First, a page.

Then I teach another master's module, which is called "Pathobiochemistry." This is primarily about biochemical processes at membranes, we look at the lipid metabolism and also try to link the content of the lectures with disease-relevant topics. If you talk about cholesterol or lipid metabolism in general, then of course it's not that difficult. There are quite interesting aspects there. Many students also like to hear and learn about diseases. We try to teach students that the basic understanding of biochemical processes is essential to understand diseases at the molecular level. And I think the basic education you get here in Osnabrück is already very good.

© Jens Raddatz | Osnabrück University

Just this summer, Dr. Florian Fröhlich received his certificate of nomination as a university professor and now holds the professorship of Bioanalytical Chemistry.


What do you envision for your teaching? How would you like to structure it and what is particularly important to you?

The most important thing for me is that people learn something from it and that they enjoy it. It's important not just to have students sitting there because they have to, but because they also want to take a message home. Of course, it's always difficult to achieve that everyone likes it. But I think that if you make it a bit application-based and if you don't just work through the basics, but also give people a bit of an idea of what it can be important for, it could be quite interesting. The bachelor students come here and really don't know yet how biology works in the lab. At least that's my impression. If you can teach them a little bit what this is important for and give them a little bit of perspective and an incentive that learning these things will also make sense at some point and that they won't just learn for the sake of learning, then that's good. But how you implement that and how this will work out, that's a whole new game (laughs). But I would like to try that.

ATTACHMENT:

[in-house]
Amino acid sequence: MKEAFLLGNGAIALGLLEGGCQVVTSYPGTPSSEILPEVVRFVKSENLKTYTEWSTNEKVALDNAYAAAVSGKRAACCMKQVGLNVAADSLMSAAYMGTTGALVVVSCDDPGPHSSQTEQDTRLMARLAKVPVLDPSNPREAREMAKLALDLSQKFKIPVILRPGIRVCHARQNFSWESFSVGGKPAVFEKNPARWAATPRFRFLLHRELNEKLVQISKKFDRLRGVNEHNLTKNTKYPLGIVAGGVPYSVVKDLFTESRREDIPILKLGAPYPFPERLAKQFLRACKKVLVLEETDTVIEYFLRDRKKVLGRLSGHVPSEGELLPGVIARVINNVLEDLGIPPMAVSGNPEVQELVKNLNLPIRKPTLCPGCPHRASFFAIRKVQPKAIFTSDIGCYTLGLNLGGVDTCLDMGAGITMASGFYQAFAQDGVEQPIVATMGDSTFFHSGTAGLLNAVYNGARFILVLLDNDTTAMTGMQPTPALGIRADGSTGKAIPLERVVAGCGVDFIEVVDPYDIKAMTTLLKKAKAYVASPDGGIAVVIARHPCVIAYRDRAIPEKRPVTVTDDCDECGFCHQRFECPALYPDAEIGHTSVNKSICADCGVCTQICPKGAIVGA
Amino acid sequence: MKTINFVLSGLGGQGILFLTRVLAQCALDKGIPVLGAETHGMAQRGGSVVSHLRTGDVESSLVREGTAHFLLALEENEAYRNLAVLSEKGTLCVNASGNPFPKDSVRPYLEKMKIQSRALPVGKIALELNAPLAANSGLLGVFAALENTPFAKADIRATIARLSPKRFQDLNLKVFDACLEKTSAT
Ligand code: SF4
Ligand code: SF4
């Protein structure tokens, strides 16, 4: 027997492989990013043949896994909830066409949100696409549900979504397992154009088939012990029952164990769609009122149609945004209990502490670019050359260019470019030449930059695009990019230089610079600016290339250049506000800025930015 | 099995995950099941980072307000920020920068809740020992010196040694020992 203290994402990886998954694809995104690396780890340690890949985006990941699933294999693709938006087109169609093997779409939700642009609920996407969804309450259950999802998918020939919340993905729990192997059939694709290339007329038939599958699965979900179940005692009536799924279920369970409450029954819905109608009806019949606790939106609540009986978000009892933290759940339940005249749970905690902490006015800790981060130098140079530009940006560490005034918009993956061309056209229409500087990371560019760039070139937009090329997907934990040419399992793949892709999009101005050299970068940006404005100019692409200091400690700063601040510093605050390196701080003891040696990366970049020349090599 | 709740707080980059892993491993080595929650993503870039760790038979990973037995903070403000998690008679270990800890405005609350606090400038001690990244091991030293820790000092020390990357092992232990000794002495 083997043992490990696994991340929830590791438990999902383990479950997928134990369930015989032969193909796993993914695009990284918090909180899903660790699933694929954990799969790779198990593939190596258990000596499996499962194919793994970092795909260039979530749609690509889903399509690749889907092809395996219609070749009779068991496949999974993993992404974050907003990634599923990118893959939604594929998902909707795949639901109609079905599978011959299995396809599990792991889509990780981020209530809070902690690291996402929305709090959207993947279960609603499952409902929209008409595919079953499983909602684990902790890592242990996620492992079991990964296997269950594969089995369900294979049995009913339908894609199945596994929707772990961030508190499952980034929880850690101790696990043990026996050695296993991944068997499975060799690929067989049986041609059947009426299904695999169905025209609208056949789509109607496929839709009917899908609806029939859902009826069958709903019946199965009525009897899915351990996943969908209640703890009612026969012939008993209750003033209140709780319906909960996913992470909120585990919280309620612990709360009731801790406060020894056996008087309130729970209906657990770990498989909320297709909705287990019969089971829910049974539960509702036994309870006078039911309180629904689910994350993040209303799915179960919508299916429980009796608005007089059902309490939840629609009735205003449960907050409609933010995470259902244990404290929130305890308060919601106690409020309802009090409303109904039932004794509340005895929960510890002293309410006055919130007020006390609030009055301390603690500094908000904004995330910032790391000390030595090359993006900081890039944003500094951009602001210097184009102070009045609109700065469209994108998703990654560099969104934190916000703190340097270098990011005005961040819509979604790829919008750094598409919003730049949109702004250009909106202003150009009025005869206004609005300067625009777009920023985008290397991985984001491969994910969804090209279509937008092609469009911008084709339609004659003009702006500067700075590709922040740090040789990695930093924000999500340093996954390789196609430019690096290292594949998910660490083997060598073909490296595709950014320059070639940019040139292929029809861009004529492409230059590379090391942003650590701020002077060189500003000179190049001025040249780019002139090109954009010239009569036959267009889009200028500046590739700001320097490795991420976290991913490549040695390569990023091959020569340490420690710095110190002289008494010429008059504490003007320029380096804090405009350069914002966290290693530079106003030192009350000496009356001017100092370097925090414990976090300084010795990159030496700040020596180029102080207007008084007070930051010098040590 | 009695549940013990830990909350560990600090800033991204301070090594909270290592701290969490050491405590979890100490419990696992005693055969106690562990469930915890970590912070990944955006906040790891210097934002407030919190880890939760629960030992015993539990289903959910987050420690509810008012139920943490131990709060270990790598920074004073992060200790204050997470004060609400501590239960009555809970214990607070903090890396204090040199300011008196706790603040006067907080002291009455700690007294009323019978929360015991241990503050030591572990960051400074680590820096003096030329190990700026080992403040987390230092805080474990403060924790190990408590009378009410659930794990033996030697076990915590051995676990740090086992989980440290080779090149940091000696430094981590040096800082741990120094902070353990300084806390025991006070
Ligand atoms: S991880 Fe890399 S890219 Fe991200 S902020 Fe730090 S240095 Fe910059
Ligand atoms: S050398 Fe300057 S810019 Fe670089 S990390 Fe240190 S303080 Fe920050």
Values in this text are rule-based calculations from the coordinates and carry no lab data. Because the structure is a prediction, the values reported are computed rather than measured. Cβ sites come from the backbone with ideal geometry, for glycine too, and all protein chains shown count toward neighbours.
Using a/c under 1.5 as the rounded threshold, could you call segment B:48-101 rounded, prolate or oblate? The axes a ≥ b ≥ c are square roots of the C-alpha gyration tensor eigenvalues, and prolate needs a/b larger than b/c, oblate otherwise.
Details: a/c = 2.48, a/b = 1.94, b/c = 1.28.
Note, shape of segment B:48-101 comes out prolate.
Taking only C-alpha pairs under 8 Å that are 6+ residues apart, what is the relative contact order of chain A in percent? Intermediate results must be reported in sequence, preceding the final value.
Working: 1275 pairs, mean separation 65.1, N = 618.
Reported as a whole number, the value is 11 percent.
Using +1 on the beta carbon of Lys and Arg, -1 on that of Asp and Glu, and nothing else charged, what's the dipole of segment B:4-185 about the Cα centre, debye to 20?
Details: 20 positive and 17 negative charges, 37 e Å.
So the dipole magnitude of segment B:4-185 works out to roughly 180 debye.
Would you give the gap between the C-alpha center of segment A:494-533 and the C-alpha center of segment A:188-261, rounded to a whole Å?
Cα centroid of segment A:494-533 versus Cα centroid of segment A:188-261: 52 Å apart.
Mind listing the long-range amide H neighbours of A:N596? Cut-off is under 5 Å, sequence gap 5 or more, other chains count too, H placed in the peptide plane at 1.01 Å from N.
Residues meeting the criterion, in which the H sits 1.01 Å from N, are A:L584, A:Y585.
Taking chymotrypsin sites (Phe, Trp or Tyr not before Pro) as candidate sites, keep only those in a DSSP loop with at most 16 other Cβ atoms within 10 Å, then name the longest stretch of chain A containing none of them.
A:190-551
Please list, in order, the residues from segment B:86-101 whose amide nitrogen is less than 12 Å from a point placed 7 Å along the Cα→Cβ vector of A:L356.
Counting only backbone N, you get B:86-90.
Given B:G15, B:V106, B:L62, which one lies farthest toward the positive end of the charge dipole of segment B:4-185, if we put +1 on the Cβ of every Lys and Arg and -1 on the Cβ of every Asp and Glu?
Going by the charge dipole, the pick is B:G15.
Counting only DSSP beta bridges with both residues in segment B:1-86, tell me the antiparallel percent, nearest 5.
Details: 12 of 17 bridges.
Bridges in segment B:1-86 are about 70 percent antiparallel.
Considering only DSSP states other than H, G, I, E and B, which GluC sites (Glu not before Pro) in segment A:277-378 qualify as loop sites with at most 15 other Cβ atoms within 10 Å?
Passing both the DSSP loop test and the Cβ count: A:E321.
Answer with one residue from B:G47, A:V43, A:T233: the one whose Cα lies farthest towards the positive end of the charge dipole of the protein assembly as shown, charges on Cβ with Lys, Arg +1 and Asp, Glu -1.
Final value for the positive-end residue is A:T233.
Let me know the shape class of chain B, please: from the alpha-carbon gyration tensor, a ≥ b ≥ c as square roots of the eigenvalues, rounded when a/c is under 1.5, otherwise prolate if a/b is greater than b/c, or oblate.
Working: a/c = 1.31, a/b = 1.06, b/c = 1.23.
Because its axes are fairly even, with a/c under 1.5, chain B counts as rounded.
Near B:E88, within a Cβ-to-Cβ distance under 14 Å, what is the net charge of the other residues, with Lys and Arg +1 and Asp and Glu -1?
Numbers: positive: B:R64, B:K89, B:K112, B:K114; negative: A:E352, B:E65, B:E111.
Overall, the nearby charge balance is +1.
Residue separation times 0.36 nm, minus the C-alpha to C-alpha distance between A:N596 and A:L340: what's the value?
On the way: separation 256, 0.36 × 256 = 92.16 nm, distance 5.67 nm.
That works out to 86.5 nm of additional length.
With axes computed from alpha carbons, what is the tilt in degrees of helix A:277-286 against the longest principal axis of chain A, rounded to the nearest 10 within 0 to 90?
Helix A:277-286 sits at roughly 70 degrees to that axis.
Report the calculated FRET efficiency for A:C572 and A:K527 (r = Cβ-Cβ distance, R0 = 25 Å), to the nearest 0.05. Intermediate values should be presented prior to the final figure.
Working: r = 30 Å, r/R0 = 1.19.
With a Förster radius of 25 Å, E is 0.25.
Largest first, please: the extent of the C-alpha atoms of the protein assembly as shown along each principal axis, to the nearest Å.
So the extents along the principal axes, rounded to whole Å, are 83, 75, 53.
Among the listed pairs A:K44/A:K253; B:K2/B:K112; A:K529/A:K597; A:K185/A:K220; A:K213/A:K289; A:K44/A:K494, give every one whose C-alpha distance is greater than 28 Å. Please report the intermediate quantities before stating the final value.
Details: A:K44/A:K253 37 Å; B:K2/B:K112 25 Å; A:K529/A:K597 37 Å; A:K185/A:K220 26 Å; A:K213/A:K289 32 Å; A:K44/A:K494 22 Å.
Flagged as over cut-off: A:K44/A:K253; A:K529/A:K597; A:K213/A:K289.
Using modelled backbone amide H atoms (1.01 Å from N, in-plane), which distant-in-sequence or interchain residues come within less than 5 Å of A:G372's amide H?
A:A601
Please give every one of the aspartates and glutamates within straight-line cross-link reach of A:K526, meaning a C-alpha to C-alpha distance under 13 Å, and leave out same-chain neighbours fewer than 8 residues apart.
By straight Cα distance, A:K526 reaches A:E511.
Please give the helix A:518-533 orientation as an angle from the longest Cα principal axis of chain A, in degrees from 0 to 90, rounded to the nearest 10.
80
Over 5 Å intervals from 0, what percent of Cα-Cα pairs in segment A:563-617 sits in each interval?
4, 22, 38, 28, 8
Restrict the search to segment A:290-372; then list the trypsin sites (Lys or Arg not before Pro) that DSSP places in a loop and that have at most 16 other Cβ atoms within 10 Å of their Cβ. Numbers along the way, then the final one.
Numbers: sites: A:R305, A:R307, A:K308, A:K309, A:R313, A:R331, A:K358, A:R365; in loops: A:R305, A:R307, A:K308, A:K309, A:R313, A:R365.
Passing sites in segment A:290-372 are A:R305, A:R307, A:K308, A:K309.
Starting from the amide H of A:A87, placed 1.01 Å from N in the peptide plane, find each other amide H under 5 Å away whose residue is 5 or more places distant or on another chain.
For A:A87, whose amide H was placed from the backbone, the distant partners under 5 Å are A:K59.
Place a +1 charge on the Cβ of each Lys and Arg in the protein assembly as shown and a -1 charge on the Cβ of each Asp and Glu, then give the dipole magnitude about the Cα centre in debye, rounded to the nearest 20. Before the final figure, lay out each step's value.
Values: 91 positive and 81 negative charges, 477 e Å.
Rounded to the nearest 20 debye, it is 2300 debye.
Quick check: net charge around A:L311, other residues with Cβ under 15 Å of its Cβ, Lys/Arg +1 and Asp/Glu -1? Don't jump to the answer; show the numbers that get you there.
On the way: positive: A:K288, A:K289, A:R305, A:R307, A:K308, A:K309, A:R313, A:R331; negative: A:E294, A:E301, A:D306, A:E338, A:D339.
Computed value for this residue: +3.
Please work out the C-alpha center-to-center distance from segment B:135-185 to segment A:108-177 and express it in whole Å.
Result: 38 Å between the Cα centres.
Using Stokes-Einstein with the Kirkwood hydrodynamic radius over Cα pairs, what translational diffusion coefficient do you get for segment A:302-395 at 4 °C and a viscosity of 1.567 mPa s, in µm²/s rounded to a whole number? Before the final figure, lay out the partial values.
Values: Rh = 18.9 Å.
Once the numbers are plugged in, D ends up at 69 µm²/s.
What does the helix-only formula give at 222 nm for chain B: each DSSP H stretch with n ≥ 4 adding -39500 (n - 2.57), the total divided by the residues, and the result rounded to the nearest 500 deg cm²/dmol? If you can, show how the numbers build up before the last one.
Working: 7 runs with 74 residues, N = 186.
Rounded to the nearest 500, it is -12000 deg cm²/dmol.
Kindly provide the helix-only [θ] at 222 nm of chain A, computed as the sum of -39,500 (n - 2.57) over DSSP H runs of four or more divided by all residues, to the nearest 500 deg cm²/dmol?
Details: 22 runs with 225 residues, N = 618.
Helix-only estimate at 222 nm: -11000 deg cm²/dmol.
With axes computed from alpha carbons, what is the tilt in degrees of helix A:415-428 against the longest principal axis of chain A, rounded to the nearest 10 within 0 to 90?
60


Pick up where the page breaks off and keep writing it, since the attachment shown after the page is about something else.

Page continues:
What kind of student were you?

What kind of student was I? A relatively average, quite normal student. I was still studying for my diploma, so there were fewer compulsory courses. And if you had an advanced math course at school, you didn't necessarily have to take the math exercises and lectures at University again, but only had to pass an exam at the end. That's why I sometimes occupied myself with other things during such events, let's say. Then I put my own interests in the foreground.  


If you could go back to college and biology wasn't an option at that point, what else would you like to study? Do you have any other interests?

Interests for sure! I find everything that has to do with electronics quite interesting. But the reason is still relevant to biology, because I find the whole neuronal transmission of current impulses very interesting. And if one would have a better knowledge of electrical pulse transmission - however, there I have also again a biological application in my head. But I was actually thinking about this question the other day. The alternative to studying biology was to study energy and environmental management. That would have been a very far-sighted decision 22 years ago when I started, of course. There was a bilingual diploma course in Flensburg (Germany), and I thought to take it at the time. But I would have had to learn Danish.


Do you feel different as a professor, has anything changed?

No, not at all. What should have changed? The level of communication in our lab has always remained the same. It's not like I'm above anyone, we try to communicate quite equally there and that won't change in the future. I think that also has a lot to do with the fact that if you've been to America, you don't have this culture of "Mr. Professor" who is positioned above anybody else. People see themselves on the same level in the US, and that's something I have internalized.


Do you have the feeling that now as a professor, you know everything?

No, absolutely not! If I did, I wouldn't need to do any more research. We try to find out something new every day. It's quite simple: if a student asks me about something in the lecture and I don't know it, then I honestly say "I don't know that" and look it up. And that happens! I can't know everything, how could I? So the answer is no, absolutely not. Professors definitely don't know everything, they're just very good at masking their insecurities, I think. But as a professor, knowing more is in the nature of things, of course. I started studying in the winter semester of 2000/2001. So I have been dealing with my topics for 22 years. It is obvious that I now know more than someone who has just started.

Thank you very much for the interview! We wish you all the best for your professorship and research!